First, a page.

Time flies when you exercise


Society is too lenient on unhealthiness

By Quinn Storm, News Editor

Let’s get one thing straight—I absolutely adore body positivity. I believe that everyone should love the skin they’re in. As someone that has had periods of both self-love and self-hate, I am on an ever-going journey to find what is right for my body and to grow to love the way I look. That being said, I think at some point telling everyone, especially young children that eating anything you want and never exercising is dangerous.

African American father and son playing football
Make healthy habits a part of the family life. (Image from iphotostock.com)

There is a difference between accepting the body one was born with and being healthy at any weight, and eating whatever one wants, never exercising and putting oneself at risk for things such as heart disease, diabetes, and various other medical situations. As a person who has never been especially “thin,” I work hard every day to eat right and exercise. Of course, everyone should treat himself or herself every so often, and I most definitely do.
Through working out and eating right, I have slowly but surely come to terms with how I look. Exercising, for me, is about being strong, healthy and intrinsically motivated to always push myself further, not so much as to what number is one the scale. But every so often I think to myself, what would have happened if my parents had never pushed me to be healthy? As a person that is already predisposed to be a bit heavier than “average,” would I have never chosen to be healthy for myself?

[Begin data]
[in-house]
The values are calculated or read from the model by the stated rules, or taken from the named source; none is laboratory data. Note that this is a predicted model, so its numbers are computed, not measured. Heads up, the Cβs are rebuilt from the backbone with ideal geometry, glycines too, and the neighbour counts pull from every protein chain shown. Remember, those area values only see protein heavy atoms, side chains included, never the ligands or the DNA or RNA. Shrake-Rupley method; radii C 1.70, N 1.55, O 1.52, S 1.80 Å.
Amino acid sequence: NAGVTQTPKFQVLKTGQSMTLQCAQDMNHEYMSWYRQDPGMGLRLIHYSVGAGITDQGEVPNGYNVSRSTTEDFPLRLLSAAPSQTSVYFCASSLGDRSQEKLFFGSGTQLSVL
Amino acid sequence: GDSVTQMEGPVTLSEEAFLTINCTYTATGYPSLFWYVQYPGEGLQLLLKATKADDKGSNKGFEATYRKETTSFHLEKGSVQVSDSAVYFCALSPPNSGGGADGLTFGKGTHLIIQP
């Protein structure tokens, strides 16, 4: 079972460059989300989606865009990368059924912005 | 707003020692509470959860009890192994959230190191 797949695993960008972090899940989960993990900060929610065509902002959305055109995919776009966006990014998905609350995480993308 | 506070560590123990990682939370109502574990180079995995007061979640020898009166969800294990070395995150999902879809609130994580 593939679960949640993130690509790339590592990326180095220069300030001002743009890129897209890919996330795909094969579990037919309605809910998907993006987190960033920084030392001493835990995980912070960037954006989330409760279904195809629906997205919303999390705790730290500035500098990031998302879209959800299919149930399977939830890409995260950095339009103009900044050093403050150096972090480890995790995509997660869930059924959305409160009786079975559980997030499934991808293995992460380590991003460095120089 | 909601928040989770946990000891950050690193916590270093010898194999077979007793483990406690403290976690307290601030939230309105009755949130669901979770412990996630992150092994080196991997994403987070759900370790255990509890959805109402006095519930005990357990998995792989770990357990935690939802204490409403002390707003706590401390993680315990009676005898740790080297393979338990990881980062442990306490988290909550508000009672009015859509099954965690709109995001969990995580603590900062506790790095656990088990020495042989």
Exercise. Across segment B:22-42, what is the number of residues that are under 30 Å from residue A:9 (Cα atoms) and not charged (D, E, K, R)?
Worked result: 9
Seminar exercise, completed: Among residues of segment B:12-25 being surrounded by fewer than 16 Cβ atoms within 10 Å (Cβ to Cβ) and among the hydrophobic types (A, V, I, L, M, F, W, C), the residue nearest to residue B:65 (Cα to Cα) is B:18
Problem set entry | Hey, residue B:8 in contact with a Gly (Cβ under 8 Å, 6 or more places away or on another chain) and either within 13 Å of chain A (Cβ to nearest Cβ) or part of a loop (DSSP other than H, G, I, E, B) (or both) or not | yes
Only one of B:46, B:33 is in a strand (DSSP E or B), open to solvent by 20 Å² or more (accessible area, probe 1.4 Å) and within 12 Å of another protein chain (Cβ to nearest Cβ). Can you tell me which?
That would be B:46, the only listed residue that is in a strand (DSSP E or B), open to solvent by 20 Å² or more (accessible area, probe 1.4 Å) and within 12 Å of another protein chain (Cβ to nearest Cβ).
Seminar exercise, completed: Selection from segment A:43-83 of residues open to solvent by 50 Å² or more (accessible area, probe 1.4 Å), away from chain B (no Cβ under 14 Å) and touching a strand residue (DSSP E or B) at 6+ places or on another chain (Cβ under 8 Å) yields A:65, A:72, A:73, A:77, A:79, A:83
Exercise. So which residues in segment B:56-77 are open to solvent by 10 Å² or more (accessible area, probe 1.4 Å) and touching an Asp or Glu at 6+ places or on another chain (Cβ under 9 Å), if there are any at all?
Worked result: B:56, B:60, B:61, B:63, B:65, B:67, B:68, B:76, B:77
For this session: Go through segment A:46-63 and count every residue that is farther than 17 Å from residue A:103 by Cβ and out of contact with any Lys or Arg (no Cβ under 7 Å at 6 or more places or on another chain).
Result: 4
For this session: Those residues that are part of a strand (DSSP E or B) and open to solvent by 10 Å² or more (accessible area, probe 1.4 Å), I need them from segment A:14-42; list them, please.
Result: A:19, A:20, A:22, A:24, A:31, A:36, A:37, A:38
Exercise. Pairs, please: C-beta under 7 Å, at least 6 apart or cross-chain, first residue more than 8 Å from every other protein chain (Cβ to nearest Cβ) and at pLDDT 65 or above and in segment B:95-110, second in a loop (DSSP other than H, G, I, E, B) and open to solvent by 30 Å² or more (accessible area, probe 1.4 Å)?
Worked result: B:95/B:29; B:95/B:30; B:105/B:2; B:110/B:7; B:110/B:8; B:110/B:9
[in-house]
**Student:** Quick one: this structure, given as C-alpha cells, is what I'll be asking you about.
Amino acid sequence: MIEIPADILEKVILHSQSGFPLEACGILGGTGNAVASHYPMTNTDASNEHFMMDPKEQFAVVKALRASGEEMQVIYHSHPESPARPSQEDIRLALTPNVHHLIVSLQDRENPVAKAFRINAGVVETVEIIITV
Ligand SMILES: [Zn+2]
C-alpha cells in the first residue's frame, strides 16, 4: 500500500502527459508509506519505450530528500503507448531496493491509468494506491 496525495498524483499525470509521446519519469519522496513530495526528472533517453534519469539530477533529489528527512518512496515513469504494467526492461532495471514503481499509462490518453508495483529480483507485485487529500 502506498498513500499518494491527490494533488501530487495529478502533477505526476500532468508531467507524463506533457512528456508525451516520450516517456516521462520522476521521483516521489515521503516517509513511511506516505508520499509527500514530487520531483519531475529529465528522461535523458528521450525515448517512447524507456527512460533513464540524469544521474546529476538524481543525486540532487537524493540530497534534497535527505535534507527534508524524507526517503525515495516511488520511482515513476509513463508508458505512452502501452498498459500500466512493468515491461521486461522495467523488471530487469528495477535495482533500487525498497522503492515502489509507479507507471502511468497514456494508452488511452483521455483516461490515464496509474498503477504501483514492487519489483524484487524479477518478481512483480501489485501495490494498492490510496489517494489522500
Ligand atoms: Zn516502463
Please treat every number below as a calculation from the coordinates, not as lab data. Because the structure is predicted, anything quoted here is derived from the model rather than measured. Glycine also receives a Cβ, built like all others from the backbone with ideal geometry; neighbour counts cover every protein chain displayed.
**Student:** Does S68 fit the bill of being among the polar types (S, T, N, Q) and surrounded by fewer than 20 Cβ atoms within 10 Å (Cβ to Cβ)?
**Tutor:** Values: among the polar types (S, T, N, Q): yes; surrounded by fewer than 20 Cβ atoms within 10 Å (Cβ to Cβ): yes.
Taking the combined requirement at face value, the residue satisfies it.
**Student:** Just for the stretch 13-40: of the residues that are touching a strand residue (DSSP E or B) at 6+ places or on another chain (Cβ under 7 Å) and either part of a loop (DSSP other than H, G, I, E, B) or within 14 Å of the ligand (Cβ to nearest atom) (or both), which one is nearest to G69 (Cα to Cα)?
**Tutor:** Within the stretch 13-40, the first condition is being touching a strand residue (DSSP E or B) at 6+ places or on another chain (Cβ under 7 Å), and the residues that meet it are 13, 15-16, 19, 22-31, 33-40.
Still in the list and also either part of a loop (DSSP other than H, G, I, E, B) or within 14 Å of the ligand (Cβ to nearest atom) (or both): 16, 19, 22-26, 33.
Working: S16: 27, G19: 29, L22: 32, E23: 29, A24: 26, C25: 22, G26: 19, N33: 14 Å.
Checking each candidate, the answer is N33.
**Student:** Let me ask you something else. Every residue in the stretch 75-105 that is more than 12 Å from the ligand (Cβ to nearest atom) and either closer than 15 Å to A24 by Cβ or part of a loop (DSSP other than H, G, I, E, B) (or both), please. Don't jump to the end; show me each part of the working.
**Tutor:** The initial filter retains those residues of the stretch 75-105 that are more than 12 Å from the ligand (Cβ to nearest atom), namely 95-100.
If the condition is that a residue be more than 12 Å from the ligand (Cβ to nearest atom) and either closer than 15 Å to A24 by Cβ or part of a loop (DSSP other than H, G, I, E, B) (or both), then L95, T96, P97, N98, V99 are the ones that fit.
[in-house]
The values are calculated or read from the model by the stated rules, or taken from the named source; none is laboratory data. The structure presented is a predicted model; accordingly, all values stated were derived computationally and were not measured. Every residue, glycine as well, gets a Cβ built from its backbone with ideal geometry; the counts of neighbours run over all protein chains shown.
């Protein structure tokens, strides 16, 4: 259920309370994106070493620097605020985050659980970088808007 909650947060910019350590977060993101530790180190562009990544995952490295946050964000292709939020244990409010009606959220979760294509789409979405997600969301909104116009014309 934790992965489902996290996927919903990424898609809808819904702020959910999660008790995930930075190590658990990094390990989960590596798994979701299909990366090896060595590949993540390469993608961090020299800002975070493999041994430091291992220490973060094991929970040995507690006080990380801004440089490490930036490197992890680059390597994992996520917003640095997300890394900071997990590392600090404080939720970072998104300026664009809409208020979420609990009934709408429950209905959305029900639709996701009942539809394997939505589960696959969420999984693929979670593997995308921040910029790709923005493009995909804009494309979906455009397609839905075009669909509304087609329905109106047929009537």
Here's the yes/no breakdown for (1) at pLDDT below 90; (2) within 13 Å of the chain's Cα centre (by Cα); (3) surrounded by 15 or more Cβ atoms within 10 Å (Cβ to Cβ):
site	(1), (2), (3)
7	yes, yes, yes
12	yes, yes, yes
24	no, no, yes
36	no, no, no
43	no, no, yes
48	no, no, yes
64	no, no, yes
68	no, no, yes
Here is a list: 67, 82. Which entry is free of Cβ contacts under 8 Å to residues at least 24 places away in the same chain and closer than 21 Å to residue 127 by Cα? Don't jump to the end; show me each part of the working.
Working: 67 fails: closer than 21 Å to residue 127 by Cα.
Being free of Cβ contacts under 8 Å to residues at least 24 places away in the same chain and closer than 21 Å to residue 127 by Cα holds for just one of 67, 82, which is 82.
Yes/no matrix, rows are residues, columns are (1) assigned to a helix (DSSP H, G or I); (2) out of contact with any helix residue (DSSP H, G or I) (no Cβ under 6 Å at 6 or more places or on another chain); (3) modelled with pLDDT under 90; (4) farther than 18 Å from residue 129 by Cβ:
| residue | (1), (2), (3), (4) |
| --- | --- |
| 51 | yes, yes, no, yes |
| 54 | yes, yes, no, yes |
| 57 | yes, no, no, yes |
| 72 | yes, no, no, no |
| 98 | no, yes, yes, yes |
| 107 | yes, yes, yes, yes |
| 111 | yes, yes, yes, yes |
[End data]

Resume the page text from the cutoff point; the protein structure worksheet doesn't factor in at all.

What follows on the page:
Many parents nowadays are seen as those who do not want to hurt their children’s feelings. Children these days get participation medals for everything, and older generations don’t hesitate to point out the fact that millennials and their children feel entitled to everything. I don’t have children, and so I cannot speak for parents, but I can notice that not keeping a young teen aware of their body and the changes they’re going to face can be more hurtful than it is helpful.
Gently reminding pre-teens and young teens going through puberty that regular exercise and improved eating habits will only help them in the long run will not hurt their feelings or harm them in any way. Childhood obesity is an epidemic that no one should want seizing the nation, and yet helping younger people with a bit of tough love is too much to think of.
Children need more active play time. (Image from istockphoto.com)

I have young siblings, boys and girls, and I would never look at them and tell them they’re fat, or they have to exercise or they’ll get fat, or anything of the sort. But, as an adult, inspiring them to want to eat well or go outside by doing it myself may just help them in the long run. It’s no fun to always be battling with weight, and instilling good values in young children can help everyone be healthier.